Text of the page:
+ Built by Emathian or by Parthian hande, &c. Cities of later date, “built by Emathian hands," that is, Macedonian ; by the successors of Alexander in Asia. “ The great Seleucia," built near the river Tigris by Seleucus Nicator, one of Alexander's captains, and called “great," to distinguish it from others of the same name. Nisibis, another city upon the Tigris, called also Antiochia ; “ Antiochia, quam Nisibin vocant.” Plin. vi. 16. Artasata, the chief city of Armenia, seated upon the river Araxes: “juxta Araxem Artaxate.” Plin. vi. 10. Teredon, a city near the Persian bav, below the confluence of Euphrates and Tigris; “ Teredon infra confluentem Eurhratis et Tigris." Plin. vi. 28. Ctesiphon, near Seleucia, the winter residence of the Parthian kings. Strabo, l. xvi. p. 743.-Newton.
The great Seleucia, Nisibis, and there
u All these the Parthian, &c. All these cities, which before belonged to the Seleucida or Syro-Macedonian princes, sometimes called “ kings of Antioch,” from their usual place of residence, were now under the dominion of the Parthians, whose empire was founded by Arsaces, who revolted from Antiochus Theus, according to Prideaux, two hundred and fifty years before Christ. This view of the Parthian empire is much more agreeably and poetically described than Adam's prospect of the kingdoms of the world from the mount of vision in the “Paradise Lost," xi. 385—411: but still the anachronism in this is worse than in the other: in the former, Adam is supposed to take a view of cities many years before they were built; and in the latter our Saviour beholds cities, as Nineveh, Babylon, &c., in this flourishing condition many years after they were laid in ruins; but it was the design of the former vision to exhibit what was future, it was not the design of the latter to exhibit what was past.-NEWTON.
The immediate object of this temptation was to awaken ambition in our blessed Lord, by showing him “all the kingdoms of the world and the glory of them,” that is, the splendour of the great empires that had been, or still were in existence. Whatever anachronism therefore there may be in this place, it is surely not introduced uselessly and unnecessarily, as Dr. Newton insinuates.--DUNSTER.
The luxurious kings of Antioch. No particular luxury seems laid by history to the charge of Antiochus Theus; thougŁ it was the profligate conduct of Agathocles, or Andragoras, then governor of Parthis under him, that incited the resentment of Arsaces, and was the cause of the revolt, ana finally of the creation of the Parthian empire. See Prideaux, part ii. b. 2. Milton had probably here in his mind the descriptions given in history of the luxury and profligacy of Antiochus Epiphanes; whose abandoned conduct and dissipation was such, that instead of Epiphanes, or the Illustrious, which name he had assumed, he was generally known by that of Epimanes, or the Madman. See “Polyb. apud Athenæum," :1. v. DUNSTER.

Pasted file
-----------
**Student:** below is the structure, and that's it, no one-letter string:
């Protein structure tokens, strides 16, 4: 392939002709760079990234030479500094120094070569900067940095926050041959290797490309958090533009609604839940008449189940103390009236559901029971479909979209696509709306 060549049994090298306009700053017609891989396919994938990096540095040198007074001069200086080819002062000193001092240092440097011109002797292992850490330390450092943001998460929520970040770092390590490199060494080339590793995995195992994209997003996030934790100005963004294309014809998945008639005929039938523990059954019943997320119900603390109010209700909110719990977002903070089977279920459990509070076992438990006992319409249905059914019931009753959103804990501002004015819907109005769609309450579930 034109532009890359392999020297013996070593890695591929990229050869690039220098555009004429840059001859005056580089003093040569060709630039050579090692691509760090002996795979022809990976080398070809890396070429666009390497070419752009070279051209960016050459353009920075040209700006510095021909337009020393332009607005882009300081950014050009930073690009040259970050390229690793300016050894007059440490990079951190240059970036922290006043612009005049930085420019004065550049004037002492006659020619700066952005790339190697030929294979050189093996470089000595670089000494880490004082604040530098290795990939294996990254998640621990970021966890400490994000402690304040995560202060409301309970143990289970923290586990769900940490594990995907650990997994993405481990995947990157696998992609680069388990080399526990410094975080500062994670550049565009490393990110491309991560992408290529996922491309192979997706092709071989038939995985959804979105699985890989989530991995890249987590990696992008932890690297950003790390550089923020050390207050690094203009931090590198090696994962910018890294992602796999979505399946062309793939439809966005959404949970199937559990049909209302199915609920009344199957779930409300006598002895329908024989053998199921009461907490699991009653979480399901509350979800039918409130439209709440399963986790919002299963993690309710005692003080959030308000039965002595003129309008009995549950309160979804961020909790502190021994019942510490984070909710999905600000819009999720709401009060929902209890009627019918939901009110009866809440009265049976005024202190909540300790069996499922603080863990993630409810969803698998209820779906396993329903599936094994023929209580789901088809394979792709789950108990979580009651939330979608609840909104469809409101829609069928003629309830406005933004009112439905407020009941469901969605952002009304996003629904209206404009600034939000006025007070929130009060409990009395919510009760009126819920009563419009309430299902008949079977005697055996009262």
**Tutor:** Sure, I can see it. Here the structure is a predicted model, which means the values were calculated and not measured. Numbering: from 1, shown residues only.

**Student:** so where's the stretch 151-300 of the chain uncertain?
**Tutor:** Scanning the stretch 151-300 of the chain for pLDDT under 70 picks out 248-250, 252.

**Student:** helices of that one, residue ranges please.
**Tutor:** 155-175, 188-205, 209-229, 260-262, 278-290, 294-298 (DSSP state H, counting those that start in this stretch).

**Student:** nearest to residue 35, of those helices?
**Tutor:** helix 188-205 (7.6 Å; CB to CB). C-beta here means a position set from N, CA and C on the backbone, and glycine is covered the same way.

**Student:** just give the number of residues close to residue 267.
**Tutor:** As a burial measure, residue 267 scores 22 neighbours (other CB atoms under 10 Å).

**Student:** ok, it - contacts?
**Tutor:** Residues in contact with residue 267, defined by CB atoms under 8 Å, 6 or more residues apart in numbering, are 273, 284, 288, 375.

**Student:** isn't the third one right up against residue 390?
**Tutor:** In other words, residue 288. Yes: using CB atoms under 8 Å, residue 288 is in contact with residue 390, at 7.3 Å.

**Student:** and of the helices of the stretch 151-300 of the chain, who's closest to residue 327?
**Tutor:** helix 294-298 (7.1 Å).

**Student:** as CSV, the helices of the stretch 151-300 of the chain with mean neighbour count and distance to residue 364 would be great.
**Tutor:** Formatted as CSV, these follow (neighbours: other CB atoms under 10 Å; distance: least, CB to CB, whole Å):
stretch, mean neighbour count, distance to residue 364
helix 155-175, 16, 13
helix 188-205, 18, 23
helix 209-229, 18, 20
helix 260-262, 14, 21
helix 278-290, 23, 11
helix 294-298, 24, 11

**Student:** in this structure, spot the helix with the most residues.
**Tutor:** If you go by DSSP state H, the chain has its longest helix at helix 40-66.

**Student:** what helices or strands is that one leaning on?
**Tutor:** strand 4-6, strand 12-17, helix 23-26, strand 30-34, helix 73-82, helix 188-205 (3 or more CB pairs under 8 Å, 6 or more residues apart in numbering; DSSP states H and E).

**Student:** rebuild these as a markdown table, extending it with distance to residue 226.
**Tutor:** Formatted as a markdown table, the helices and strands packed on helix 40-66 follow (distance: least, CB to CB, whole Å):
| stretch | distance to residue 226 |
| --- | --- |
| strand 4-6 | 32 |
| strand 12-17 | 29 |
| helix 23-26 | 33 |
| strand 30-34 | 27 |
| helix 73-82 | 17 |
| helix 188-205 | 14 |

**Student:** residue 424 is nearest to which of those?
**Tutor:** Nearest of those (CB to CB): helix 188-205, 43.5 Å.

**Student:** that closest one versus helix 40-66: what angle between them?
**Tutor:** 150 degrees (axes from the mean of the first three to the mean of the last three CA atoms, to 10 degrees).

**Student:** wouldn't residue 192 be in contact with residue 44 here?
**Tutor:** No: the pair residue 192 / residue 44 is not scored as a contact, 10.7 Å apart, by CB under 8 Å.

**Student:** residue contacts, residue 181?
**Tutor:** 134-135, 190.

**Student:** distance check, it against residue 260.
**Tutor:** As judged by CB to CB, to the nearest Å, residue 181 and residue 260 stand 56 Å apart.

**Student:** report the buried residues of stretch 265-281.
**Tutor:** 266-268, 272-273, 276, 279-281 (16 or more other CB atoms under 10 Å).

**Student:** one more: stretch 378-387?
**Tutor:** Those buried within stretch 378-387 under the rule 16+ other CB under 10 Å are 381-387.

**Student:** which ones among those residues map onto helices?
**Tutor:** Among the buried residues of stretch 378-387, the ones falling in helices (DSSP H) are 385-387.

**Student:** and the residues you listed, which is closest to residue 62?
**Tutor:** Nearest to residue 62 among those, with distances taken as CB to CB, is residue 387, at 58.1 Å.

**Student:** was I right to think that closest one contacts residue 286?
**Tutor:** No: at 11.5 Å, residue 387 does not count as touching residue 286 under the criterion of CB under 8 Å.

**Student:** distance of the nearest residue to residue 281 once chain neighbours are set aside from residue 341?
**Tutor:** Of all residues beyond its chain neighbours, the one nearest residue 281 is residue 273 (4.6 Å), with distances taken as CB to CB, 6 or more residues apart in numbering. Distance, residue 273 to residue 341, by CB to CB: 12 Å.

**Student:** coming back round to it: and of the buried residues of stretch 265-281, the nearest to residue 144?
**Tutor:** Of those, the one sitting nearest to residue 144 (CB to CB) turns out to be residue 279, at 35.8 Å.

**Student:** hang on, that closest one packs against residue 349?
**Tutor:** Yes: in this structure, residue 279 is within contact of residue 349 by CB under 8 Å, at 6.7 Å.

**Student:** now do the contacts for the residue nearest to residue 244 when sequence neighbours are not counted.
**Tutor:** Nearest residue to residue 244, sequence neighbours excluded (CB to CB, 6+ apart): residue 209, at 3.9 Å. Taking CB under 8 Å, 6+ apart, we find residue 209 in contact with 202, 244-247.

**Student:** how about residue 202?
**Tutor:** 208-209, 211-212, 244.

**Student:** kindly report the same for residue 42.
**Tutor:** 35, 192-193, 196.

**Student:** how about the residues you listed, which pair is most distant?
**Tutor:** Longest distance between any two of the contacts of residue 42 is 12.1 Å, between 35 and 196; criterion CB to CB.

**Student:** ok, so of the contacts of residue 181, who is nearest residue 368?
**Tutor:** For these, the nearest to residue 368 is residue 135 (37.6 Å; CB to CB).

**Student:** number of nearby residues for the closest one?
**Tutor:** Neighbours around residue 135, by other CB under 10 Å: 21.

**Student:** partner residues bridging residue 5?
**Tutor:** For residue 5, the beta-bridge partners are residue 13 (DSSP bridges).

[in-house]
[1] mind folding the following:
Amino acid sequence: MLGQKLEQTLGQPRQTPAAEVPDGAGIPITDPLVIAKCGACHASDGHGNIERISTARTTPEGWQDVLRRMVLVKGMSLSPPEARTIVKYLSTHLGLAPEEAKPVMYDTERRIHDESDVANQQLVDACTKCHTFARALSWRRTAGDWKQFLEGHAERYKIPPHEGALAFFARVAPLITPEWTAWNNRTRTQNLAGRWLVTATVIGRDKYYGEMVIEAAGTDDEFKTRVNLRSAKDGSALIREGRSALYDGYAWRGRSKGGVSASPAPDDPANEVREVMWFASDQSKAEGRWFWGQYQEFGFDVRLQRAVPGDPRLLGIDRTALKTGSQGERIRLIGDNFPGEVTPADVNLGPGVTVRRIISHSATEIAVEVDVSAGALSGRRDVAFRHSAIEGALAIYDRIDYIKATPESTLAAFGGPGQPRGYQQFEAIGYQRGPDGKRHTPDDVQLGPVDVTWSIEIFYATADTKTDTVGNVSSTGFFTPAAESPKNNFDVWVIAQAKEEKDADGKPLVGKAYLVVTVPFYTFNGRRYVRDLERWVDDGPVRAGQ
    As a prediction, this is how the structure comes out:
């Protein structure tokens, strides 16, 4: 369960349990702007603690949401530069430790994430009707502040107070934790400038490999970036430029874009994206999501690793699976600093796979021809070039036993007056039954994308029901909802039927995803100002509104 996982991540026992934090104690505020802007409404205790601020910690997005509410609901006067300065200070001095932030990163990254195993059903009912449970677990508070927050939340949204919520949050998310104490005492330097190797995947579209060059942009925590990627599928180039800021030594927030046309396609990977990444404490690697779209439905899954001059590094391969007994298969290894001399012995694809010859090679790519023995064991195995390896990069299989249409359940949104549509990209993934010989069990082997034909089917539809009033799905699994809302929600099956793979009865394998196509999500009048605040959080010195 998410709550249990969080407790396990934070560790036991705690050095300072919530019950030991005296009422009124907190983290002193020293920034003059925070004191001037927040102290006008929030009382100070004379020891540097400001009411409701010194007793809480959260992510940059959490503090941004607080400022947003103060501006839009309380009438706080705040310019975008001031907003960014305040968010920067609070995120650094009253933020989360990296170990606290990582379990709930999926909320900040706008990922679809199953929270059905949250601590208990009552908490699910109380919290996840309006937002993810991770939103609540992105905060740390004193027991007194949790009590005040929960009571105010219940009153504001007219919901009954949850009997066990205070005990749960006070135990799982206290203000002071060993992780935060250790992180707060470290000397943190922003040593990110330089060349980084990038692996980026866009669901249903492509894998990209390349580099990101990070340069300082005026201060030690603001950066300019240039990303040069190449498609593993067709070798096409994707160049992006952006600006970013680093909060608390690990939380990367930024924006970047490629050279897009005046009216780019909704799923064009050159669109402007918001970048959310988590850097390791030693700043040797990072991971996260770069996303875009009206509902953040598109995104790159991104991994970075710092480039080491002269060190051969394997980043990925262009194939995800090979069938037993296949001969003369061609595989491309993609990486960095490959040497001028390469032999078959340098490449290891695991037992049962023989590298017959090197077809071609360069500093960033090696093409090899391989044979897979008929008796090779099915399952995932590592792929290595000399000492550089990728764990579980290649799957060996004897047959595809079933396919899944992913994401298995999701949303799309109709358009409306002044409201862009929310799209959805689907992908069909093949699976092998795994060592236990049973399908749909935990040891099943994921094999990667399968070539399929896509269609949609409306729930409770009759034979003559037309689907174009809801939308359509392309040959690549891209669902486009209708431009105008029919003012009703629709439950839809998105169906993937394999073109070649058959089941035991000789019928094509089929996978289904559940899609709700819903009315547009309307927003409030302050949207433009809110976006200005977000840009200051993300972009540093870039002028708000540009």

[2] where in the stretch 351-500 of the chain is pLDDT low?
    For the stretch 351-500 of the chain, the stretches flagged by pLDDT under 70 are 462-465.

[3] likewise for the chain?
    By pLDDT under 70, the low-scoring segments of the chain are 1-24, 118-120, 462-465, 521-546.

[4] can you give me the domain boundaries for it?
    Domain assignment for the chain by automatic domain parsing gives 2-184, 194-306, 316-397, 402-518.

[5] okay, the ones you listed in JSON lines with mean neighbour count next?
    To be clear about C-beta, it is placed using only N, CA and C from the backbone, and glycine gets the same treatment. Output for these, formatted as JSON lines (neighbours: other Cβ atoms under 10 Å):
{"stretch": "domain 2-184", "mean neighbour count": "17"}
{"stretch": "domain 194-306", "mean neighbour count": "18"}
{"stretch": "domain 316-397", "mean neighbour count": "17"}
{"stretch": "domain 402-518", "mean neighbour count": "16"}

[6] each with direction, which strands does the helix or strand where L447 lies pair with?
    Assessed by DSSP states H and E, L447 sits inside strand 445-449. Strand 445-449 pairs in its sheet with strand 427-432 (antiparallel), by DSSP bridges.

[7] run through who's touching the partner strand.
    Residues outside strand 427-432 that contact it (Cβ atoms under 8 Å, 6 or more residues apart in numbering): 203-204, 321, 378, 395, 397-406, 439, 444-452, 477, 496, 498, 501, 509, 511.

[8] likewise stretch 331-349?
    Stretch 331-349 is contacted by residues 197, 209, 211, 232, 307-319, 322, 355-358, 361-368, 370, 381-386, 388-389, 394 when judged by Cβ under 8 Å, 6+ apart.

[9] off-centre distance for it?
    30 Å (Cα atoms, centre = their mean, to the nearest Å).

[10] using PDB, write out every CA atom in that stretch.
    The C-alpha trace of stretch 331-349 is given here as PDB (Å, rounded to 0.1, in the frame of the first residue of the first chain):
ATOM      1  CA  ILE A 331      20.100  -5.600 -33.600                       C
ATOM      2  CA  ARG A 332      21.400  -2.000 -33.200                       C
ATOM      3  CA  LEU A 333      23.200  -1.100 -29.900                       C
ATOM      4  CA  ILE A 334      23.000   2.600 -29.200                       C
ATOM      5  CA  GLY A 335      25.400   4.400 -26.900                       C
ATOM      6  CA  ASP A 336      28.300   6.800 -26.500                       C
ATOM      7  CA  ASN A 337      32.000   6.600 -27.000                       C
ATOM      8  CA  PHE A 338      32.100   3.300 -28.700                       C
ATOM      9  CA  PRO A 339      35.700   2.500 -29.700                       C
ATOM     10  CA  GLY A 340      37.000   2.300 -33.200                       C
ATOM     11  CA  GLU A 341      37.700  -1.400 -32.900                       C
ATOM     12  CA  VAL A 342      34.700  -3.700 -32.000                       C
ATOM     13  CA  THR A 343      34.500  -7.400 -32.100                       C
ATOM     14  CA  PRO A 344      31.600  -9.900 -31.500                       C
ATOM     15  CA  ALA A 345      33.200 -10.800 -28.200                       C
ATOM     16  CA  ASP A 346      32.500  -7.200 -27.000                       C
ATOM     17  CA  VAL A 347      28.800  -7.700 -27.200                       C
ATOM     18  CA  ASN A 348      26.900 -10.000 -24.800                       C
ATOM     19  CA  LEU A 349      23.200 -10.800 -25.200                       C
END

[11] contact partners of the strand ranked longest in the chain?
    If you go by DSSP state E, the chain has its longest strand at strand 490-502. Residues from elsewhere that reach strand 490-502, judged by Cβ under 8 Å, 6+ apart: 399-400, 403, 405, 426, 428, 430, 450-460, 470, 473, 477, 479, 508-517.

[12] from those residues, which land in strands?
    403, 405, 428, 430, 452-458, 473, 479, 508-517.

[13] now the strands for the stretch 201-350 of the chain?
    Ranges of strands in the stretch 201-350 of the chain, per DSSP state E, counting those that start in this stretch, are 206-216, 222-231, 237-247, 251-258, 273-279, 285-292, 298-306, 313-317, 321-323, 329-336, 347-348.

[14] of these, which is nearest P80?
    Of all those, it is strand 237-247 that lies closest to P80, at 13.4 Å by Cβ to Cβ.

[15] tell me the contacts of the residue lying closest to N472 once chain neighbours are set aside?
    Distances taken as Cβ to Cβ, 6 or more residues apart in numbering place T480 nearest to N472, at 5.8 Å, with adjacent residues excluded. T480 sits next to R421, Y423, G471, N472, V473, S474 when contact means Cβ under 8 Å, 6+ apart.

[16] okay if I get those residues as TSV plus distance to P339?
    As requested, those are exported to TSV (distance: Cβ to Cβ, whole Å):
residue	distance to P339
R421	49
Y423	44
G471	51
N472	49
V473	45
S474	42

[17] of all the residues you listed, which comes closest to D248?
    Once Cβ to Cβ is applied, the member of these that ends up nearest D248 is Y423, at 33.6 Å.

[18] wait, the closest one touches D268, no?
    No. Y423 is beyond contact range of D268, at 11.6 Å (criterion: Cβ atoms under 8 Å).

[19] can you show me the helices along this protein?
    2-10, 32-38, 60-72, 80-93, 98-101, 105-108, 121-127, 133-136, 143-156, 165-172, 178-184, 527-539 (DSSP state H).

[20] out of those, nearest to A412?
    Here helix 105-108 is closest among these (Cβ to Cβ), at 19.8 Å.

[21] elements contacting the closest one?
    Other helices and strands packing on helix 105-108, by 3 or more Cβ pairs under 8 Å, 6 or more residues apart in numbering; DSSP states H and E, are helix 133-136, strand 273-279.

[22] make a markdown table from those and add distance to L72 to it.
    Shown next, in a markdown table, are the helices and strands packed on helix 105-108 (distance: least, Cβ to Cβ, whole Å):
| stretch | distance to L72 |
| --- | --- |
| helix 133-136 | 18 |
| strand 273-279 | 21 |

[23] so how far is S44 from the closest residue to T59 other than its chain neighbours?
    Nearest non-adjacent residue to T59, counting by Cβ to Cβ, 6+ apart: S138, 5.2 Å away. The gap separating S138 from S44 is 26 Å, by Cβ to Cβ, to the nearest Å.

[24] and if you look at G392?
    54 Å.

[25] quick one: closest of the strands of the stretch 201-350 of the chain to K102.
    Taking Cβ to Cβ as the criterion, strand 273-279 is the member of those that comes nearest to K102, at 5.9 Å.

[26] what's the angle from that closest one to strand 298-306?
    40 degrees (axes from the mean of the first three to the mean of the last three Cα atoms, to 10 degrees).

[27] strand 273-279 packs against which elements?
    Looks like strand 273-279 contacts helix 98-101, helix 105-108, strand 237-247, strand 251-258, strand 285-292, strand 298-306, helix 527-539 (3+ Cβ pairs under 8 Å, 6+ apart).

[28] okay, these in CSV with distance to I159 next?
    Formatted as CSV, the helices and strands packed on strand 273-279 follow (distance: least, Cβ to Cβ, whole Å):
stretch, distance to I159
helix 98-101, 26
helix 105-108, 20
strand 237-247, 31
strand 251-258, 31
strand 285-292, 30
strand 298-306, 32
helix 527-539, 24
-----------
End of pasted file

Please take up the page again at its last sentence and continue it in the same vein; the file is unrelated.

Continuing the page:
w And just in time thou comest to have a viero
Of his great power, &c. Milton, considering, very probably, that a geographic description of kingdoms, how. ever varied in the manner of expression and diversified with little circumstances, must soon grow tedious, has very judiciously thrown in this digressive picture of an army mustering for an expedition, which he has executed in a very masterly manner. The same conduct he has observed in the subsequent description of the Roman empire, by introducing into the scene prætors and proconsuls marching out of their provinces with troops, lictors, rods, and other ensigns of power; and ambassadors making their entrance into that imperial city from all parts of the world. There is great art and design in this contrivance of our author; and the more, as there is no appearance of any, so naturally are the parts connected.—THYER..
* For now the Parthian king In Ctesiphon hath gathered all his host, &c. Ctesiphon seems to have been the general place of rendezvous of the Parthian army, Wherever their destination might be. Strabo says that the Parthian kings, who had before made Seleucia their winter residence, removed to Ctesiphon, because it was larger, and more calculated for considerable military preparations; and because they wished to save the inhabitants of Seleucia from the inconveniences of a numerous army in a place not sufficiently large to receive them.--DUNSTER.